Categorization projects help you realize value from organizing equivalent data records into distinct, unique categories. An example use is spend management, where categorizing records can help you gain insights into the volume of spend on specific parts or types of parts, across suppliers or from the same supplier.
The categorization workflow consists of the following steps:
- Create a unified dataset.
- Load a taxonomy and optionally adjust it based on reviewer feedback. (Steps 1 and 2 can be completed in any order.)
- Label an initial set of records then launch the machine learning model for categorization.
- Review the categories suggested by the model, provide feedback, and re-launch the model to improve record categorization.
The initial stage of a categorization project is similar to that of a schema mapping project: an admin or author creates the project and uploads one or more input datasets. As in a schema mapping project, curators then map attributes in the input datasets to attributes in the unified schema. See Creating the Unified Dataset for Categorization.
Curators then complete additional configuration in the unified schema that is specific to categorization projects:
- Specify the tokenizers for machine learning models to use when comparing text values.
- Optionally, identify a numeric unified attribute as the "spend" attribute. Tamr Core uses this attribute to compute a total amount per category which you can use to sort project data.
- Optionally, set up transformations for the data in the unified dataset.
After creating the unified dataset, a curator loads an existing taxonomy file into the project. Curators can make additions and other changes to adjust the taxonomy and adapt it to meet your organization's needs.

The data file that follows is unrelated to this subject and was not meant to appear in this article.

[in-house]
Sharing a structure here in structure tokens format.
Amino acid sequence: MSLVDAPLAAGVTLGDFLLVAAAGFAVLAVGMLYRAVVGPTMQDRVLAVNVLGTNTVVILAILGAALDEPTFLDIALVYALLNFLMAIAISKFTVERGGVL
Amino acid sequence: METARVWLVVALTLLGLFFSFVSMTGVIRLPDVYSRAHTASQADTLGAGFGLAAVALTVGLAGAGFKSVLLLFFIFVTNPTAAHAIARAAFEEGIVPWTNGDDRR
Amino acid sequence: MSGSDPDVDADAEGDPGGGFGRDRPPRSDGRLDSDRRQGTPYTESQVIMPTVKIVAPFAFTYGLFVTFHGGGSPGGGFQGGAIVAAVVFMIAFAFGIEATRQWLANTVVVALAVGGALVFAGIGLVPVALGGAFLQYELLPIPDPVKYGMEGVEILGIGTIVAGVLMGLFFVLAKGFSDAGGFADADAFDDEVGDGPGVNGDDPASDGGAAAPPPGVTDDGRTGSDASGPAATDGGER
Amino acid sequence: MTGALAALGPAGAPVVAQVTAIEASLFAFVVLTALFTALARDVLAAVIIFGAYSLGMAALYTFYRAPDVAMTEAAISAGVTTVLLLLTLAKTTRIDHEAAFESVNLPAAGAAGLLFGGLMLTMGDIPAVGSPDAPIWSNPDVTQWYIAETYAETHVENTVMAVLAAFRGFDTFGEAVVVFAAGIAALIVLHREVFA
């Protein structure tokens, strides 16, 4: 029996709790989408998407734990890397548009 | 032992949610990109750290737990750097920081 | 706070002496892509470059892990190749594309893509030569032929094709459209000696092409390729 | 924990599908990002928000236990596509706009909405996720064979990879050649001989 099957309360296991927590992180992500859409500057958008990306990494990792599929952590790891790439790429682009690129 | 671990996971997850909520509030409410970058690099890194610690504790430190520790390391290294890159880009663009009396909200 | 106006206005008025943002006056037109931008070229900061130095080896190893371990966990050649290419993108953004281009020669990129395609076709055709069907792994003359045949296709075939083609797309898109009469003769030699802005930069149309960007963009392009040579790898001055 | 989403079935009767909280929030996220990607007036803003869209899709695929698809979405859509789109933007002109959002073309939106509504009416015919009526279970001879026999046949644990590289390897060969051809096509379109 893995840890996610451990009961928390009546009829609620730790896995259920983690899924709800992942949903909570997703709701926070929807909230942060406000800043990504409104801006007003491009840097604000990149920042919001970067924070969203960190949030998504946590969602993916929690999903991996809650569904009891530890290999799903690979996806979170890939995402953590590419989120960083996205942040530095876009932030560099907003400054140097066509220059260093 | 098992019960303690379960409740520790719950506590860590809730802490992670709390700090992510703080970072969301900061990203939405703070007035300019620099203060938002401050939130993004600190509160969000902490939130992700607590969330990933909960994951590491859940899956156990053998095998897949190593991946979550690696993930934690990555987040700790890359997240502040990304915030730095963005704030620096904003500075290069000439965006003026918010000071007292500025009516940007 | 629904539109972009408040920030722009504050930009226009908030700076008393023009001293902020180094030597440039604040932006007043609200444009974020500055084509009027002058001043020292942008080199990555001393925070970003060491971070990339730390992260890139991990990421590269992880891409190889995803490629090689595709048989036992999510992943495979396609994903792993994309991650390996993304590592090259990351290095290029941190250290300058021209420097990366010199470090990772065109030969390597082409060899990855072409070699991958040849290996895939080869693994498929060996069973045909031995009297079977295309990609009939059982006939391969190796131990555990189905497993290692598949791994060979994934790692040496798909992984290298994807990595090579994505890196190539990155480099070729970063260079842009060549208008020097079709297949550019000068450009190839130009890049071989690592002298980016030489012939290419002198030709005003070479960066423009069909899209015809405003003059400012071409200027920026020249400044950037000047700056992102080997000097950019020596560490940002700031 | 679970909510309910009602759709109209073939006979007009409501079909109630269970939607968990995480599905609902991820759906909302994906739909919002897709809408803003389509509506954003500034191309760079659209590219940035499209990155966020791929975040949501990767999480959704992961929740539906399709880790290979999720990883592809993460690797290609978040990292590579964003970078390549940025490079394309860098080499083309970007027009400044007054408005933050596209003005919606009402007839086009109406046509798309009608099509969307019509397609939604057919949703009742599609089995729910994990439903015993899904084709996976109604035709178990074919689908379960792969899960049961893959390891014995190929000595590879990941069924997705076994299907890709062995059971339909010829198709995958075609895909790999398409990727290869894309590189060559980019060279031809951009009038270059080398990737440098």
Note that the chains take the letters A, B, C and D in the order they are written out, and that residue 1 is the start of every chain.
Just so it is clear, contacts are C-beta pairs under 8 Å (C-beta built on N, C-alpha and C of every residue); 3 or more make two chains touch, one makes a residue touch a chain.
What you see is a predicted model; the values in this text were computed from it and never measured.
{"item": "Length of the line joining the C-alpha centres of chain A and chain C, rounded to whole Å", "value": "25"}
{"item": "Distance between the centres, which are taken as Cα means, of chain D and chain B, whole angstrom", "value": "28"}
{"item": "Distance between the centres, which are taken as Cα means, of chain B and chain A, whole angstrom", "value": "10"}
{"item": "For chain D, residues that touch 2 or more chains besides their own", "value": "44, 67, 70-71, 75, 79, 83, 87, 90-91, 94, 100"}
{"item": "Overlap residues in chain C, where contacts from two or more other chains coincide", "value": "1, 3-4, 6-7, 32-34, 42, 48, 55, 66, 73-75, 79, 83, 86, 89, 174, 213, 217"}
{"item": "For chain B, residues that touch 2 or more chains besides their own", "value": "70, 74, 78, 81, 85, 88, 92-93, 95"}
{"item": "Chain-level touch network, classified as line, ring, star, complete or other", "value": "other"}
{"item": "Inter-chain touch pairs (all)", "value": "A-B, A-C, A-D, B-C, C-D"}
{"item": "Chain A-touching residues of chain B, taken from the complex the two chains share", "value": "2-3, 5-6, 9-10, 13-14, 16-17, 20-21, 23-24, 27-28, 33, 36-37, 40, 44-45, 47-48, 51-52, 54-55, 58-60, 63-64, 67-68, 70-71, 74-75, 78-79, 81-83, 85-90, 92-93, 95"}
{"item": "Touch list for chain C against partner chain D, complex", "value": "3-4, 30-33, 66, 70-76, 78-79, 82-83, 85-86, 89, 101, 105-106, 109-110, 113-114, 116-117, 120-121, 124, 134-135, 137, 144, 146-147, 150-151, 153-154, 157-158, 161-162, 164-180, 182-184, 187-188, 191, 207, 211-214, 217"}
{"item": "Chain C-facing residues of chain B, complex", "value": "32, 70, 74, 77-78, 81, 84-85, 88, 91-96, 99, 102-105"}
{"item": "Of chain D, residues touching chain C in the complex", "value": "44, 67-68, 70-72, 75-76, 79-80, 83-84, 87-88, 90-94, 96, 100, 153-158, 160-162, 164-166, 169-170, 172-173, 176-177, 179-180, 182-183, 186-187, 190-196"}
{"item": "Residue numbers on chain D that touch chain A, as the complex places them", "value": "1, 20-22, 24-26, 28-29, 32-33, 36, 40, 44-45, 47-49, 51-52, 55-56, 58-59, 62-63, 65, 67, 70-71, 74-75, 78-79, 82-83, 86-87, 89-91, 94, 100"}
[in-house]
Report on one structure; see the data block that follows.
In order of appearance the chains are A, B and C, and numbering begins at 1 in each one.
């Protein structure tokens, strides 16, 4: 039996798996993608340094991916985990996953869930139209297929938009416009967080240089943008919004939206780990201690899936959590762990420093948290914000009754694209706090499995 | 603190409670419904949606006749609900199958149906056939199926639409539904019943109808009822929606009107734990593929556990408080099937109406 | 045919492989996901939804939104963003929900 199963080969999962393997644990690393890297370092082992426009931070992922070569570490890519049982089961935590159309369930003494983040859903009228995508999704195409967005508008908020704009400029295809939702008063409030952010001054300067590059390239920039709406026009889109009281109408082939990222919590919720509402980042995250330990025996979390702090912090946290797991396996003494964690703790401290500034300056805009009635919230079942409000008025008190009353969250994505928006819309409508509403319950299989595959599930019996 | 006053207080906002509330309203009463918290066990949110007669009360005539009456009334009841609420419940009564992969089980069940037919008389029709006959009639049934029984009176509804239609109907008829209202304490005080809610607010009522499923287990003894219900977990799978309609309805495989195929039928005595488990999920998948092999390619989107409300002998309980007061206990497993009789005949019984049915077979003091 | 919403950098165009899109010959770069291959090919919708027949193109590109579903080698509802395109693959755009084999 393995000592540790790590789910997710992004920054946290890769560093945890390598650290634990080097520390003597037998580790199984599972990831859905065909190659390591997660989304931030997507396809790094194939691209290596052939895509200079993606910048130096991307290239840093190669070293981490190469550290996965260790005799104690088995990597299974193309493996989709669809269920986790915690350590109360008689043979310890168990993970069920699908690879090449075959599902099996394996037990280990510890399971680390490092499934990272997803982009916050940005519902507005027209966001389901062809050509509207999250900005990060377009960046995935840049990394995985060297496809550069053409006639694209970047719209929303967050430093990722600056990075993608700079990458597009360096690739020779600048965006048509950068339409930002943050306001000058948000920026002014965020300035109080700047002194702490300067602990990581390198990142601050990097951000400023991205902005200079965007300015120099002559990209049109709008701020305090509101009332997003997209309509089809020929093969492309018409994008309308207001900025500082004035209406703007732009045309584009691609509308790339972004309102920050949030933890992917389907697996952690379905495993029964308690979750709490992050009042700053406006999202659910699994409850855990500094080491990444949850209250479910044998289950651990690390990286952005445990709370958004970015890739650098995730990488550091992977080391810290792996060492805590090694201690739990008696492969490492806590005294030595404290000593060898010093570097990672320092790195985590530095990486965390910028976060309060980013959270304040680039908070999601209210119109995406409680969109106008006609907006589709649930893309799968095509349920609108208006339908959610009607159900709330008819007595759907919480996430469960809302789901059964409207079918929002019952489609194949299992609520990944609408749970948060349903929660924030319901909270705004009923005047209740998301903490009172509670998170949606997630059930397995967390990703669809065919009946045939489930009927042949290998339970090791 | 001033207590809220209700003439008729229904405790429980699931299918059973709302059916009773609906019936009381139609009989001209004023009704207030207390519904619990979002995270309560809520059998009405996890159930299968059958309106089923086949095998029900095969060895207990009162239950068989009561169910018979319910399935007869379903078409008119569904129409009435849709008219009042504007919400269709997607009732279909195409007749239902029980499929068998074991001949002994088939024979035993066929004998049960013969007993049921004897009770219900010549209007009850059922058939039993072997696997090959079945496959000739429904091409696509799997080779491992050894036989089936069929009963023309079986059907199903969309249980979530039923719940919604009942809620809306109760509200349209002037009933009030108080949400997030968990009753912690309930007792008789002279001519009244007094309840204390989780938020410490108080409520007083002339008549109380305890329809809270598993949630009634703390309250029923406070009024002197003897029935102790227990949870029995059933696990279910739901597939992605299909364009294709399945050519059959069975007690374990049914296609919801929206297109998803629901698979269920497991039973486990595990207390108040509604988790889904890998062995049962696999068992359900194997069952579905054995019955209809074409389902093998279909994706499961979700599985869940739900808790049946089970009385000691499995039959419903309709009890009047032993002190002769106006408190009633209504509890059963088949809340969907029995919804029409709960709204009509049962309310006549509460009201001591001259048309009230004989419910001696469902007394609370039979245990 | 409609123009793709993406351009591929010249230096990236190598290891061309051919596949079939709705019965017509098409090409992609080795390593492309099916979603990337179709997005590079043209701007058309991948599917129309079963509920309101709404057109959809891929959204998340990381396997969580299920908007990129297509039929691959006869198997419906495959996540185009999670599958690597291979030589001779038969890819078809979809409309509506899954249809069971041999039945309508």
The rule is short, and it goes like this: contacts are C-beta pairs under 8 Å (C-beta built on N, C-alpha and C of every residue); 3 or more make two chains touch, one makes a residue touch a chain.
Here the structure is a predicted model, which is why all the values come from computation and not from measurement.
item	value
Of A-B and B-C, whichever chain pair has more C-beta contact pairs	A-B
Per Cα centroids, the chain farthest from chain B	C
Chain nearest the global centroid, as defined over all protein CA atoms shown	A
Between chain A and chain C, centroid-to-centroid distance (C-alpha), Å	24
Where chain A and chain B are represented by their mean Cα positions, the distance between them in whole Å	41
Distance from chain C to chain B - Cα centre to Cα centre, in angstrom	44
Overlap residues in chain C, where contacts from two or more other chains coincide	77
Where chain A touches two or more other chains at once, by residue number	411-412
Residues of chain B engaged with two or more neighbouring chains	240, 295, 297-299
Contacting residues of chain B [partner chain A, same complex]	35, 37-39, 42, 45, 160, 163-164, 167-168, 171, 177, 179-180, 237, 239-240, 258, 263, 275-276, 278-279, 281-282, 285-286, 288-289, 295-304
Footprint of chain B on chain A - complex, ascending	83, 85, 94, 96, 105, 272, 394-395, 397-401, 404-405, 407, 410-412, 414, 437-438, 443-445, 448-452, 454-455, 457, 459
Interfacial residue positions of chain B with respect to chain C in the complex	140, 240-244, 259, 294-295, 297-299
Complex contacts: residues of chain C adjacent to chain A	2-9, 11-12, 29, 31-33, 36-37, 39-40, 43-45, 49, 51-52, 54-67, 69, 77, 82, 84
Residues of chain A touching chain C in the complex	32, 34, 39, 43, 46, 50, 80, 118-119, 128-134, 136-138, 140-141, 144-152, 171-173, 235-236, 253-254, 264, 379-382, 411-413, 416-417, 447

As curators iteratively make changes to the taxonomy to incorporate feedback, the machine learning model suggests categories for records with increasing confidence. See Navigating a Taxonomy.
In the next step, you begin labeling a small set of records with the appropriate "node" in the taxonomy. Verifiers and curators provide this initial training by finding and labeling at least one record for every node in the taxonomy. See Training Tamr Core to Categorize Records.
When curators apply feedback and update results, the machine learning model uses this representative sample to identify similarities between values that are now associated with each category of the taxonomy and values in other records to suggest categories. See Updating Categorization Results.
After curators and verifiers complete initial training and the machine learning model generates suggested categories, curators and verifiers assign records to one or more experts with the reviewer (or other) role for their feedback. See Assigning Records in Categorization Projects.
Reviewers upvote or downvote the categories proposed by the model or by other team members, and can propose different categories to label records more accurately. See Reviewing Categorizations. To make this effort more efficient, Tamr Core identifies certain suggestions as high-impact. For example, if the model has low confidence regarding whether or not a record pertaining to “1 inch turbine bolts” belongs to the “Bolt” category, Tamr Core marks that record as high-impact so that a reviewer can provide feedback. Team members with any user role can upvote or downvote labels, and remember you can utilize whichever roles make the most sense to your organization. See Categorizing Records.
Work done by reviewers does not change the machine learning model until after a verifier or curator verifies the categorizations for one or more records and a curator updates the model with the results. Tamr Core adds the verified expert feedback to its model, improving its accuracy and enhancing future automation for categorizing vast numbers of records with high accuracy. See Verifying Record Categorizations (verifiers) and Updating Categorization Results (curators).
For more information, see User Roles and Tamr Core Documentation.
Updated about 1 year ago